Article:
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29 April 2016
April Data Digest
Three stories published during April describe the ways remotely sensed data and machine learning are changing how Earth is studied and understood; while a fourth shows the beauty of our planet through images captured by one of the satellites imaging the Earth.
22 April 2016
Data from the masses: Crowdsourcing and citizen science enhance the scientific process
Witness a landslide, feel an earthquake or observe the first buds of spring? Take out your cell phone and report a data point.
19 April 2016
Standards dramatically advance streamflow and flood forecasting in the U.S. and elsewhere
his is a story about how water data standards, computational hard work, high-performance computing, serendipity and synergy led to an operational capability for nationwide forecasting of streamflow and flooding at high-resolution, in near-real-time. This has been evolving for several years now, but has gone into hyper-drive in just the last couple years.
12 April 2016
The University of Washington’s eScience Institute, a unique environment for geospatial data science education
Earth scientists can choose from an ever-increasing array of datasets when they set out to study our changing planet. Every year, advances in remote sensing and sensor network technologies increase in resolution, streaming data to us on demand, in real time. If you’re like me, you find this new era of discovery exhilarating but also overwhelming. How will I ever find the time to learn the software and cloud technologies needed to keep up with this flow of new information?
18 March 2016
New findings from the New Horizons mission show Pluto is ‘really crazy’
Whether or not you believe Pluto should be called a planet, you should still be awed by the initial findings from the data the spacecraft New Horizons collected during its flyby of the dwarf planet last July. The seven science instruments aboard New Horizons gathered nearly 50 gigabits of data on the spacecraft’s digital recorders. Much of this data is still streaming back to Earth, but preliminary data and observations were published this week in the journal Science.
7 March 2016
Problematics for science leadership in a data-rich, open-science world
Across three and a half centuries the academy has built a solid reputation system that informs credentials for science leadership. As global science moves into an open data-, open-access mode, what changes might occur to this system? In the future how will the academy recognize and reward great scientific works and career achievements?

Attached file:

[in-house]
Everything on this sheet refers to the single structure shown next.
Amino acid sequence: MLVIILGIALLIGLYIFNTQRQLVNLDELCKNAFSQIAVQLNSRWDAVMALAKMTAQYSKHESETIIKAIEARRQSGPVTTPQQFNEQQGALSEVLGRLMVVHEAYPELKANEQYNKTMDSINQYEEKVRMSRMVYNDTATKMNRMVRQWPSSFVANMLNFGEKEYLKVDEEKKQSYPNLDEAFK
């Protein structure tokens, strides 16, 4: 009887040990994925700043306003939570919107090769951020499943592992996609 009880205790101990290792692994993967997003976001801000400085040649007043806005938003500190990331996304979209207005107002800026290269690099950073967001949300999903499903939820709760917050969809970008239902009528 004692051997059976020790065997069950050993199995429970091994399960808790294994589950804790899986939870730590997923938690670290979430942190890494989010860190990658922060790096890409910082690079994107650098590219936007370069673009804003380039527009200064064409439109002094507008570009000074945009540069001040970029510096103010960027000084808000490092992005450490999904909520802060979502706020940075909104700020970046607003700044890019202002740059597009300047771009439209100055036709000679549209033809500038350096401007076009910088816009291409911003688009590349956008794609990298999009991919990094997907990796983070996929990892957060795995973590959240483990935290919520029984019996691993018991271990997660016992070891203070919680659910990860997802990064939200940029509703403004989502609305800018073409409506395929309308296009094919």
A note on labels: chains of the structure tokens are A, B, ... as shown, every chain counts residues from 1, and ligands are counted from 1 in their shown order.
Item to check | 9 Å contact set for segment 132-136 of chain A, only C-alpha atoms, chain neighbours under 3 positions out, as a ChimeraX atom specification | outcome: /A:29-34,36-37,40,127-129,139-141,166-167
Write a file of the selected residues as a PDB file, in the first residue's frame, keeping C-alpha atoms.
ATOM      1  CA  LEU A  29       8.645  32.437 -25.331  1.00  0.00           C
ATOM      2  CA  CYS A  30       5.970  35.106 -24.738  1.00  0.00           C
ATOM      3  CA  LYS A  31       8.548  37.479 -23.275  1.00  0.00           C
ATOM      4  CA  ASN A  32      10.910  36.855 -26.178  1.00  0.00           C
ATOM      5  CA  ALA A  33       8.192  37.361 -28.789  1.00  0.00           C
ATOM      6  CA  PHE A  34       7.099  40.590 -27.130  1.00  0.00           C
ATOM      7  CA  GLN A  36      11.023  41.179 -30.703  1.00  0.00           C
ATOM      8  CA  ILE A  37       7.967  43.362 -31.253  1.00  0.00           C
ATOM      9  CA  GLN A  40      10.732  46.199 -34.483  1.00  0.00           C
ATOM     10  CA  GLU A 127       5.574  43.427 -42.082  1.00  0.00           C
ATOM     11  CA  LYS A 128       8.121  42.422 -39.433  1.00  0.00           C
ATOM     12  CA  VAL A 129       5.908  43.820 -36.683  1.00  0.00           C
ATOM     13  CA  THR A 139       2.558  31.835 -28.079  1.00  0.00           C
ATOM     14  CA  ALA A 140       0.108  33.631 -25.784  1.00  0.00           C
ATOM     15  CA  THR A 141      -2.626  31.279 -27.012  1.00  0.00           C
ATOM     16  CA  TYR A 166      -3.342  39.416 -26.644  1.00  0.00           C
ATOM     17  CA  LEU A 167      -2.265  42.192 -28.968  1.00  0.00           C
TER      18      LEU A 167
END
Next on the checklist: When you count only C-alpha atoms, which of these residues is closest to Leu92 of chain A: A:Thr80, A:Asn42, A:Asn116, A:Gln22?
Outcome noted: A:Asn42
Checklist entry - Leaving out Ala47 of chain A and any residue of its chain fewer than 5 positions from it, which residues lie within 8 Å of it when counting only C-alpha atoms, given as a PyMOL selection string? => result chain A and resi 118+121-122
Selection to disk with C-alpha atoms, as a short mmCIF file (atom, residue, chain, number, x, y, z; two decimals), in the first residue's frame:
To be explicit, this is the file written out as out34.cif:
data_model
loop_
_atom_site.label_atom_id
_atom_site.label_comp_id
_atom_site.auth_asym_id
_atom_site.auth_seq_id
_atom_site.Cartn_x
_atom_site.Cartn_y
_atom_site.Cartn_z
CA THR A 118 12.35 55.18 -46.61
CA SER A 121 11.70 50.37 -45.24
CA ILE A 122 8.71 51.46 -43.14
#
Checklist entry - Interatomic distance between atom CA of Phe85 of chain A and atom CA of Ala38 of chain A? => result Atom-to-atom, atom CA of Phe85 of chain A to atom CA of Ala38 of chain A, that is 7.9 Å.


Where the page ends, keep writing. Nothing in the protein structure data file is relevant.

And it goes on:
3 March 2016
Open data: Creating a culture of transparency and reproducibility in science
An article published today in Science urges stakeholders in the field sciences—funders, researchers, publishers and data repositories—to promote open, reproducible science through the sharing of all data and materials. Allowing research results to be replicated and data to be reused fosters innovation, high-quality research and public confidence in science. There are considerable benefits for scientists who make their data open too.
26 February 2016
[email protected]: Setting geoscience on fire
The popular science storytelling event [email protected] returned to the 2015 American Geophysical Union (AGU) Fall Meeting in San Francisco, CA last December. Sponsored by the NASA Applied Sciences Program and held in partnership with the Federation of Earth Science Information Partners (ESIP) and AGU’s Earth and Space Science Informatics (ESSI) Focus Group, the event featured 13 scientists sharing ideas and stories that made the audience laugh, cry and better understand our world.
18 February 2016
How the VIIRS “Blue Marble” image came about
Norman Kuring created the 2012 ‘Blue Marble’ image, an incredibly detailed, true-color image of Earth that’s featured in a new series of U.S. Postal Service space-themed stamps. Here, he describes the creation of this composite image taken with a number of swaths of the Earth’s surface on January 4, 2012.
10 February 2016
Turning climate data into art
Artist and scientist Jill Pelto turns climate data into watercolors, making visible the grim effects of climate change on forests, marine ecosystems and glaciers.